Preventing predatory lending by ensuring consumer-friendly financing would be an important keystone of solar power’s success in New York – regardless of the NYPSC’s decision.

The committee recommended adjusting participation goals so that they are more flexible statewide. A previous temporary requirement specified that every community-shared solar project should have 20 percent low-income participation. A more flexible requirement would be that this percentage could apply statewide to all of these projects combined. Spreading participation across the state would ensure that a variety of communities could benefit from community-shared solar.

Clarifying New York’s net-metering policy would ensure that customers know the value of the solar projects they are considering.

How was the process structured?

The REV process for solar distributed generation is taking place in two phases, according to the committee report. Phase One took place from Oct. 19 to April 30. It focused on supporting low-income communities and “providing locational benefits to the grid.” Phase Two, which began on May 1, focused on expanding distributed generation across the board to a larger set of communities.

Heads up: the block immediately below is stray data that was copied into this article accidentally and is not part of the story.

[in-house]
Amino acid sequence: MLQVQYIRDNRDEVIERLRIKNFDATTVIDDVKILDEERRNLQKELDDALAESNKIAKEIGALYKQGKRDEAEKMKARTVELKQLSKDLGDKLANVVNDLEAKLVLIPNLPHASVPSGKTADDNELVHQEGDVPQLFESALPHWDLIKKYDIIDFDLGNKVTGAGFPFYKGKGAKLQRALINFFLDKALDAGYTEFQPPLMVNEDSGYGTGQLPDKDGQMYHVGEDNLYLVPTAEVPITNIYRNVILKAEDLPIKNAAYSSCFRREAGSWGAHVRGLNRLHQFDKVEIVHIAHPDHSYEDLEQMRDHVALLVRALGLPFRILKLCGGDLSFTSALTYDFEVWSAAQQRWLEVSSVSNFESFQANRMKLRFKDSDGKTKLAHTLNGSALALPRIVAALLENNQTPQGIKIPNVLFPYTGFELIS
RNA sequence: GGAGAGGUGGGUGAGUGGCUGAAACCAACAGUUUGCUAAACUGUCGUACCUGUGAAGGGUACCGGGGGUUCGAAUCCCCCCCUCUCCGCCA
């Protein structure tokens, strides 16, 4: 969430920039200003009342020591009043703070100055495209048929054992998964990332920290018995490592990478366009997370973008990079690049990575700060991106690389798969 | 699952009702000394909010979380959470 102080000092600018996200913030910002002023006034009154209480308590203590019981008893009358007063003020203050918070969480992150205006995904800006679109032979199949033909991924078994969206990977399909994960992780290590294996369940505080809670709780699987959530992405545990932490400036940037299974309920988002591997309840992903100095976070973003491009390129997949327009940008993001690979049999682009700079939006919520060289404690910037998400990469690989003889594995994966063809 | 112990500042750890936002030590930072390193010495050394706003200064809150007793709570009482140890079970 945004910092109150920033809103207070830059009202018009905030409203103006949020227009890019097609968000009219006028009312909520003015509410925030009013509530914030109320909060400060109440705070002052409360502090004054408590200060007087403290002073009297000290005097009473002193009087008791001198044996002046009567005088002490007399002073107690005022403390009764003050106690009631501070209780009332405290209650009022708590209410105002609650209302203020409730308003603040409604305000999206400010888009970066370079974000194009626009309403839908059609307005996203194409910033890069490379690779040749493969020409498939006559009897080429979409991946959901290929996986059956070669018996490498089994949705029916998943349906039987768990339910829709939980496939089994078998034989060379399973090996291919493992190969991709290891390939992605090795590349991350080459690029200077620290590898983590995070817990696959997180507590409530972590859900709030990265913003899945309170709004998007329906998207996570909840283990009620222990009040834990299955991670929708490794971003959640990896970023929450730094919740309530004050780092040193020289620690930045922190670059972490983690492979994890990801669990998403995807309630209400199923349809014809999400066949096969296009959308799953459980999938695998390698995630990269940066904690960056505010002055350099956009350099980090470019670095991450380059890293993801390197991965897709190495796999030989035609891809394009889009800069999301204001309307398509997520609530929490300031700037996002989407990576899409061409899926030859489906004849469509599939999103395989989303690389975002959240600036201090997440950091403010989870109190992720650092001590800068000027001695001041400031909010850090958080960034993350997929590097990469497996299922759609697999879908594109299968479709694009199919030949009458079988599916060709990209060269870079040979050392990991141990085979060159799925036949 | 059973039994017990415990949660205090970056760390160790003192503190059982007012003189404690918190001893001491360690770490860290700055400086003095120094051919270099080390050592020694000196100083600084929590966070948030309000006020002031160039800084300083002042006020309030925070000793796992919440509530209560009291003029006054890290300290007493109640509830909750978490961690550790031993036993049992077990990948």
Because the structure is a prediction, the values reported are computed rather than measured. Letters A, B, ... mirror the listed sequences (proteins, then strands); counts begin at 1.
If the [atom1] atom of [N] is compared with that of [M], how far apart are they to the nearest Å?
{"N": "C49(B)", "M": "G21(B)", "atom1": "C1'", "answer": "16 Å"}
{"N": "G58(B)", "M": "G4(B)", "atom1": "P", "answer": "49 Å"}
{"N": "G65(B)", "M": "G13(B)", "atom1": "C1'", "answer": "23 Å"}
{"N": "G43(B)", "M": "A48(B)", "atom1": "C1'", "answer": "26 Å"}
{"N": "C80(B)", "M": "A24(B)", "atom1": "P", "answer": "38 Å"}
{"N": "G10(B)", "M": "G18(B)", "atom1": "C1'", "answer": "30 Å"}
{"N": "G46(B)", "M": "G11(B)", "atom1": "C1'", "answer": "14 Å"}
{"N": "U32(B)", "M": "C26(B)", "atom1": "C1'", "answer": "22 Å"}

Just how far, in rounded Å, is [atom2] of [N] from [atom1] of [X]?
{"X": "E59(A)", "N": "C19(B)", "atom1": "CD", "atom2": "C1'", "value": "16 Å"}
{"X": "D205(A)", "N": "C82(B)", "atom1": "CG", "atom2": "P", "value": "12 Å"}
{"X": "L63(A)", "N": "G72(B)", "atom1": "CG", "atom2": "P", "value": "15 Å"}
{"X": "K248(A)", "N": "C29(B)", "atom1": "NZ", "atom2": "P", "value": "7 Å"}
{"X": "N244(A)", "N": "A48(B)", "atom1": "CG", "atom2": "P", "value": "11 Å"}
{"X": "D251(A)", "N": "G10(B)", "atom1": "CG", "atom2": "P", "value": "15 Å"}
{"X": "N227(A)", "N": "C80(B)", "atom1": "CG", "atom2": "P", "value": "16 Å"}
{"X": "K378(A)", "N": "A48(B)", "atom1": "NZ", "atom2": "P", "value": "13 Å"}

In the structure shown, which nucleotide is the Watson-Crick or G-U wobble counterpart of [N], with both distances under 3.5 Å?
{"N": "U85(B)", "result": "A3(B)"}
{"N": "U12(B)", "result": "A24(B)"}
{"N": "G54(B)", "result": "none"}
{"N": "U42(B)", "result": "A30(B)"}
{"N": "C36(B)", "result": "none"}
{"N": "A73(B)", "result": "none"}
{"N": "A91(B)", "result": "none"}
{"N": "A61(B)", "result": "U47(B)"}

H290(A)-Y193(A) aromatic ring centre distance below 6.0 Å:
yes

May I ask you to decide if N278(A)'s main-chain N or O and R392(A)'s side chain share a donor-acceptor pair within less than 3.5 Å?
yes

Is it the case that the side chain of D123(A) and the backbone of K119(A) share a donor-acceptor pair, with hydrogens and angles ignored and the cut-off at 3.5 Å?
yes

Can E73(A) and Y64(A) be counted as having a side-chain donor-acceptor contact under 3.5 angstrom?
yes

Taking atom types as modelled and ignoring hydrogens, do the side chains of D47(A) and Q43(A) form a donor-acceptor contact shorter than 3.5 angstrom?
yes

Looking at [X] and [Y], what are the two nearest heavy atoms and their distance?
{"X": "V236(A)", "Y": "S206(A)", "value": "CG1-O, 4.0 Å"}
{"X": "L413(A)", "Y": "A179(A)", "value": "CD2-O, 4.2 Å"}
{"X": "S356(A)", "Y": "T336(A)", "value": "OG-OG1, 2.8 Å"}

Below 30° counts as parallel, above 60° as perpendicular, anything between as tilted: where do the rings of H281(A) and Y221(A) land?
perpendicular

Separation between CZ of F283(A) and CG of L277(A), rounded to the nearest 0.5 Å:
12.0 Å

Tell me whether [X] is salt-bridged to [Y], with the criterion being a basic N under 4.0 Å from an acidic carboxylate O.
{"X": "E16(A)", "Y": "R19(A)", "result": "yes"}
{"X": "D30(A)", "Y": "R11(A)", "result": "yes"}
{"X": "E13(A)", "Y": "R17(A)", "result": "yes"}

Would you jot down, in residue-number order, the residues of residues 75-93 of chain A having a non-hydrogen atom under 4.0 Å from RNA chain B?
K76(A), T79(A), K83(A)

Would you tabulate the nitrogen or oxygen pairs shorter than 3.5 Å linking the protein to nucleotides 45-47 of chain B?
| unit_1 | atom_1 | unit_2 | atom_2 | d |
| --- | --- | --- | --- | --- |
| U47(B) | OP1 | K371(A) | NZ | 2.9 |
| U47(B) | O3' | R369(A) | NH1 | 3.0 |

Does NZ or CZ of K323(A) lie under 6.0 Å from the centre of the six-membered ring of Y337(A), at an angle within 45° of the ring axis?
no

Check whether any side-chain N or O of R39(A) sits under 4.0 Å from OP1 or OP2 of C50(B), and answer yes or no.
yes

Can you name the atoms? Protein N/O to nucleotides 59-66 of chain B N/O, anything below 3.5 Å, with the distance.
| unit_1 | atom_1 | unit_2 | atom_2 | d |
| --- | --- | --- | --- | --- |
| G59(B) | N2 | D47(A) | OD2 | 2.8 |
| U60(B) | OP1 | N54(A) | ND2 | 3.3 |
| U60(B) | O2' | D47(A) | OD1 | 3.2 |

NYPSC staff asked the committee to weigh in on standardized customer contracts, energy-efficiency requirements, marketing approaches, data management, financing recommendations, business models, and barriers and technical constraints limiting participation.

It is unclear why the NYPSC decided to dismiss all of the committee’s recommendations. NYPSC staff were unavailable to comment on the situation for this article.

“The initial engagement with the PSC staff was pretty synergistic,” Giancatarino said. “It seemed like a good opportunity. But after the collaborative had put in a proposal, there was radio silence.”

“That’s why we felt a little blindsided by this report,” Flint said. “It was a constructive dialogue. Once the first extension came and went and there were no communications at all from staff, I started to get a bit nervous.”